The Book of R - Review
The Book of R Review
This is a nice big book, useful for beginners of both statistics and R programming. Intermediate users can use the book as a desktop reference with a particular emphasis on generating statistical plots. It cannot substitute a good statistics textbook but it provides a coverage of the subject from the basic concept of probability to hypothesis testing, ANOVA, statistical modeling and more. The author states from the beginning that his book follows a frequentist approach to statistics; if the reader is interested in an introduction to statistics which follows a bayesian perspective there are other more appropriate choices ( e.g. Doing Bayesian Data Analysis: A Tutorial with R and BUGS by John K. Kruschke ).
The book is organized in twenty-six chapters further collected into five parts, each chapter is accompanied with exercises and a list of references to the important code used. The first and second part introduce the R programming language depicting how to write programs and visualize data. The third and fourth part are dedicated to statistics, from the basics (elementary statistics and probability) to the most common statistical procedure used in the field. The fifth part indicates advanced techniques for visualizing data. Furthermore there are two appendices providing a short guide on installing and operating R packages (Appendix A) and introducing the reader to R Studio, a commonly used IDE for R (AppendixB).
Part I (chapters 1 to 7) covers the basics of R as a programming languages presenting all the different data types available (vectors, matrices, data.frames, etc), how to import, save data and produce basic plots using both the R classic graphics and the ggplot2 package.
Part II (chapters 8 to 12) provides the necessary information to start developing in R: conditions, loops, calling and creating functions, exceptions handling are presented with notes and exercises.
Part III (Chapters 13 to 16) covers the basics of statistics, following a frequentist approach. It is devoted to probability, distributions and basic EDA techniques and visualizations.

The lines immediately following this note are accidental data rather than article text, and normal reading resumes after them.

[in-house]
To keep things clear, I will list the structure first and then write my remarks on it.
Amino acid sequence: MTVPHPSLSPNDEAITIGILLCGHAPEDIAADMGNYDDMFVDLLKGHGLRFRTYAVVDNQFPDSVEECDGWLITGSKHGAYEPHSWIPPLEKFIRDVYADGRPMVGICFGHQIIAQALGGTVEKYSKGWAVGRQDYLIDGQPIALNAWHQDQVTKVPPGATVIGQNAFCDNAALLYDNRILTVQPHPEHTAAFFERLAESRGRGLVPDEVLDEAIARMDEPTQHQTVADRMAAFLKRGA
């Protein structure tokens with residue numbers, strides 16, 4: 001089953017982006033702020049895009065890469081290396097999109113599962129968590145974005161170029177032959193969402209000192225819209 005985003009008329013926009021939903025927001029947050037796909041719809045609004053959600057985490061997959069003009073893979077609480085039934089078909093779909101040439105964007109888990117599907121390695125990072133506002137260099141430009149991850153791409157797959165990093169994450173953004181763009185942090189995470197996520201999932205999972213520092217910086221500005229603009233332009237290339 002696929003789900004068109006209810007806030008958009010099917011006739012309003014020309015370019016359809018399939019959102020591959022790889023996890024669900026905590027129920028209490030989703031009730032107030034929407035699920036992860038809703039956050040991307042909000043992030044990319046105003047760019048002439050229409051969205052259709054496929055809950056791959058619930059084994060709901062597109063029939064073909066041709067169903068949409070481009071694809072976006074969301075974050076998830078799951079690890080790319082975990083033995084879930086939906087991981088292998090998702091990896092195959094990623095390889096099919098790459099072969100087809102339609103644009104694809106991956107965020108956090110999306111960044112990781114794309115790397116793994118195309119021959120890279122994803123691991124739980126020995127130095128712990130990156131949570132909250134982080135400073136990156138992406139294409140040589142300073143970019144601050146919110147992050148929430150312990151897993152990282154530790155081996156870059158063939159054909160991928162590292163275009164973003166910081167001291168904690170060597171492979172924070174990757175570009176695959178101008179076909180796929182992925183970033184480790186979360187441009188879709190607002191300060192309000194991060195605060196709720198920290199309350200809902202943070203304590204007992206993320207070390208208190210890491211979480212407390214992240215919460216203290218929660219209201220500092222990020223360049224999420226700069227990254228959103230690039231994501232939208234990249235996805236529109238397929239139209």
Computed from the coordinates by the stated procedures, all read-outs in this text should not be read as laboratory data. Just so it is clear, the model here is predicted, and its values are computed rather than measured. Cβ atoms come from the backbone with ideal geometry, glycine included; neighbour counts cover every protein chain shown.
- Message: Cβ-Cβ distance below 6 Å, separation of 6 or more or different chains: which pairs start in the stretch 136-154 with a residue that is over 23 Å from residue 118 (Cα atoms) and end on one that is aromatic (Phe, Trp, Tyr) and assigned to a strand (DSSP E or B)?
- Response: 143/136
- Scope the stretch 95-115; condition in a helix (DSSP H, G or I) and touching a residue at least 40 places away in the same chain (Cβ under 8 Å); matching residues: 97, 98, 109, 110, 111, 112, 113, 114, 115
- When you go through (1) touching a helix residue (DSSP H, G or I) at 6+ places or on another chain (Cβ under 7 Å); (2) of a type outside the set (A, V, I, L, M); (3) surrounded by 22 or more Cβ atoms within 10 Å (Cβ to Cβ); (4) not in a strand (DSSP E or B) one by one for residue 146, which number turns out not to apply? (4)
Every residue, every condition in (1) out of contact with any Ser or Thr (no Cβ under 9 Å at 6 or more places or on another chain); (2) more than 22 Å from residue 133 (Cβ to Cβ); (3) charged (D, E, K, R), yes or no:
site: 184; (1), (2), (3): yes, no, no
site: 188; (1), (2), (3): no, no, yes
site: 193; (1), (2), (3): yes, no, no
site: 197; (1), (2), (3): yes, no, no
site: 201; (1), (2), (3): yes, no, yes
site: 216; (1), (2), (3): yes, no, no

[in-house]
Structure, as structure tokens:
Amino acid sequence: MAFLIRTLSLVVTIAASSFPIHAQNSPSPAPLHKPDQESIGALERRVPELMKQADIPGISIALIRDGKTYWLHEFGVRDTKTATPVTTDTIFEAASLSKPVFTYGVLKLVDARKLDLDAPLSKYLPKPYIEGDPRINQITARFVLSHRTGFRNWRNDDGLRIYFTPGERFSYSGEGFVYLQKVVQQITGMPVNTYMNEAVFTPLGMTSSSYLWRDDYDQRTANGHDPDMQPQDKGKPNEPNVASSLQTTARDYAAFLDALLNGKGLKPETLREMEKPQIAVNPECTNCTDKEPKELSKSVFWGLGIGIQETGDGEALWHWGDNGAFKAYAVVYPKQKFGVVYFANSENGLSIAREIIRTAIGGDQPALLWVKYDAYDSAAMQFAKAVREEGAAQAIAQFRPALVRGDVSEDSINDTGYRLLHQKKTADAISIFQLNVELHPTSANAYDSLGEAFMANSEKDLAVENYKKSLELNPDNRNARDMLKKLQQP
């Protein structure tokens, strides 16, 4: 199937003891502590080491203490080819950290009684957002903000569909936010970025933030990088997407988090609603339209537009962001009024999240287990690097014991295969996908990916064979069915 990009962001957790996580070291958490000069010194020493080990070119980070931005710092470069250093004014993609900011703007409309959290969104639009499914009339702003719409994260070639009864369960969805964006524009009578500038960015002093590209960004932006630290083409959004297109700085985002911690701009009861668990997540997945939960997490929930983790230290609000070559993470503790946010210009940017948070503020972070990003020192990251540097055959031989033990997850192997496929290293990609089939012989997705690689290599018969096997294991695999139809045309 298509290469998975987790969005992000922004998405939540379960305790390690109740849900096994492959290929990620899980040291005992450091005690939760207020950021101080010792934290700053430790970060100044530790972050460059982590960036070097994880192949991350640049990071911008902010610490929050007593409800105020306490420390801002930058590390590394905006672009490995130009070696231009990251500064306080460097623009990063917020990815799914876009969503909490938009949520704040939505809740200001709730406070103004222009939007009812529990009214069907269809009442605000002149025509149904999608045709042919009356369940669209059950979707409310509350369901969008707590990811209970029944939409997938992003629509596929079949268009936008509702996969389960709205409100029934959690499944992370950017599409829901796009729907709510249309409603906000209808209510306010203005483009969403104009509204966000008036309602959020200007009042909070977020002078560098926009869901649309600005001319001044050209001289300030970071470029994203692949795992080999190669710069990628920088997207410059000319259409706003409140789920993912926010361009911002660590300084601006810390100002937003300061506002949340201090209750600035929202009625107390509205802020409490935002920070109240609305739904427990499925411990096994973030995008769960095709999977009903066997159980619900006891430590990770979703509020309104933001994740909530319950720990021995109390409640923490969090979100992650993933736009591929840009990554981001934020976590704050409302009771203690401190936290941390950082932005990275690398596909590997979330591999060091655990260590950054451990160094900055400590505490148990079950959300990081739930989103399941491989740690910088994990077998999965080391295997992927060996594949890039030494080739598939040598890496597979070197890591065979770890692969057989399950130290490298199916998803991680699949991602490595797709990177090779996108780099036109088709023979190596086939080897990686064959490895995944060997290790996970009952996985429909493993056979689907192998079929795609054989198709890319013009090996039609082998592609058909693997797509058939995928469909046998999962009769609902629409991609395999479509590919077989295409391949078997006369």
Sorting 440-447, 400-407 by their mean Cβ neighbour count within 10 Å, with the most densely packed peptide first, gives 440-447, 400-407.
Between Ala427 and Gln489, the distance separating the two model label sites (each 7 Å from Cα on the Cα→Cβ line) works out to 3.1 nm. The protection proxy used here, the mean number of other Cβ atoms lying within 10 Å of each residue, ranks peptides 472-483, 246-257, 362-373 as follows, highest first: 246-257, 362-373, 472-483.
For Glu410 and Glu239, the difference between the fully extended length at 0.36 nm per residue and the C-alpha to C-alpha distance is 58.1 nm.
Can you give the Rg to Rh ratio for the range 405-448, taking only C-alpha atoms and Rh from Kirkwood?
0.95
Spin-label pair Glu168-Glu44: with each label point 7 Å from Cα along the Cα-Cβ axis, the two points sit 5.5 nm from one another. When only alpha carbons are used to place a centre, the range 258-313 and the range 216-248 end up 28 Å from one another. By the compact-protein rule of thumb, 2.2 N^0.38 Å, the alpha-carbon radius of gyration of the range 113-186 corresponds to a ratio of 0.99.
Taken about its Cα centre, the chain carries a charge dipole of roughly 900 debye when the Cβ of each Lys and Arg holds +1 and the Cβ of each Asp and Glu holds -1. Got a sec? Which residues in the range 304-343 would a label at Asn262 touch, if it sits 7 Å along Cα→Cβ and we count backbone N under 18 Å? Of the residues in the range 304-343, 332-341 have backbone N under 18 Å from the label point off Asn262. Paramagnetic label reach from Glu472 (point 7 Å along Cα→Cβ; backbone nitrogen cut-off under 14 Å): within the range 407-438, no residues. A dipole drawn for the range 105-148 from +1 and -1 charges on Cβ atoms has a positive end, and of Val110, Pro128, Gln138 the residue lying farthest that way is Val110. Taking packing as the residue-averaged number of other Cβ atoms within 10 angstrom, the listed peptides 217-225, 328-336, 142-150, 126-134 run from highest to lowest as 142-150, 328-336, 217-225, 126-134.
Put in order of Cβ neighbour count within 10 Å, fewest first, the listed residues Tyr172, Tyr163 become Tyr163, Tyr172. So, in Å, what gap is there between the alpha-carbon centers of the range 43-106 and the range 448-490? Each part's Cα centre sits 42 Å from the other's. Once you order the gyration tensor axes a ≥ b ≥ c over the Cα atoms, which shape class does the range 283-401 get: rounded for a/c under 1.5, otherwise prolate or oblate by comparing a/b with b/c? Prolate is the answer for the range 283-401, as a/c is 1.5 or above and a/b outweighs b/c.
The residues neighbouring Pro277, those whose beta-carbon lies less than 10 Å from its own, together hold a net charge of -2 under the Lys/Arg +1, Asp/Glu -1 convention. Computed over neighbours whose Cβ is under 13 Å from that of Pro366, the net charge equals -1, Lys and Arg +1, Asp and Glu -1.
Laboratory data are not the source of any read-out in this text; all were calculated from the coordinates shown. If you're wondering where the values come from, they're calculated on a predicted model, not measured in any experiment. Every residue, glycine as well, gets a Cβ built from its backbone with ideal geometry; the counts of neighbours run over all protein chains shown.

The next part (chapters 17 to 22) presents advanced statistical techniques such as statistical testing and modeling. Chapter 17 introduces the concepts of sampling distribution and confidence intervals. Chapter 18 depicts the most common concepts and the limitations of frequentist hypothesis testing ,dealing with significance values, errors and Power. Chapter 19 is dedicated to the Analysis of Variance (ANOVA), extension of the hypothesis testing for multiple means, in both comparing means split by one categorical variable (one-way ANOVA) and split by multiple categorical variable (multiple-factor ANOVA). Chapter 20 introduces the important topic of linear regression for evaluating how variable relate to each other, followed by chapter 21 where the simple linear regression methods are extended to measure the joint effect of multiple variables (multiple linear regression). Finally in chapter 33 the author discuss how to choose an appropriate model for the analysis and validate the assumptions made during this selection.
Part V is devoted to advanced graphics techniques and can be seen as a selling point for both novice and intermediate users. More in details, chapter 23 shows how to customize your plots using the base R graphics and goes from device handling to a fully annotated scatter plot (layout, fonts, formulas, etc.). Chapter 24 goes into details in using the ggplot2 package to produce expressive plots and introduces the ggvis package for building interactive graphics using a syntax similar to ggplot2. Chapter 25 presents a detailed explanation in using colors in R followed by a series of paragraphs presenting static plots in higher dimensions such as 3D scatter plots, contours and perspective plots. Chapter 26 is focused on how to produce interactive 3D plots using the the rgl package. Furthermore, a short color insert shows several statistical plots depicted in the previous two chapters.
In summary, this weighty book (almost 800 pages) covers a lot of ground presenting the material properly, with useful notes, exercises and clear code. I recommend this book to both beginners, as a good introduction to basic statistics and R, and to intermediate users as a desktop reference to assist in performing day-to-day analysis.
Disclaimer: No Starch Press provided me a free copy for review.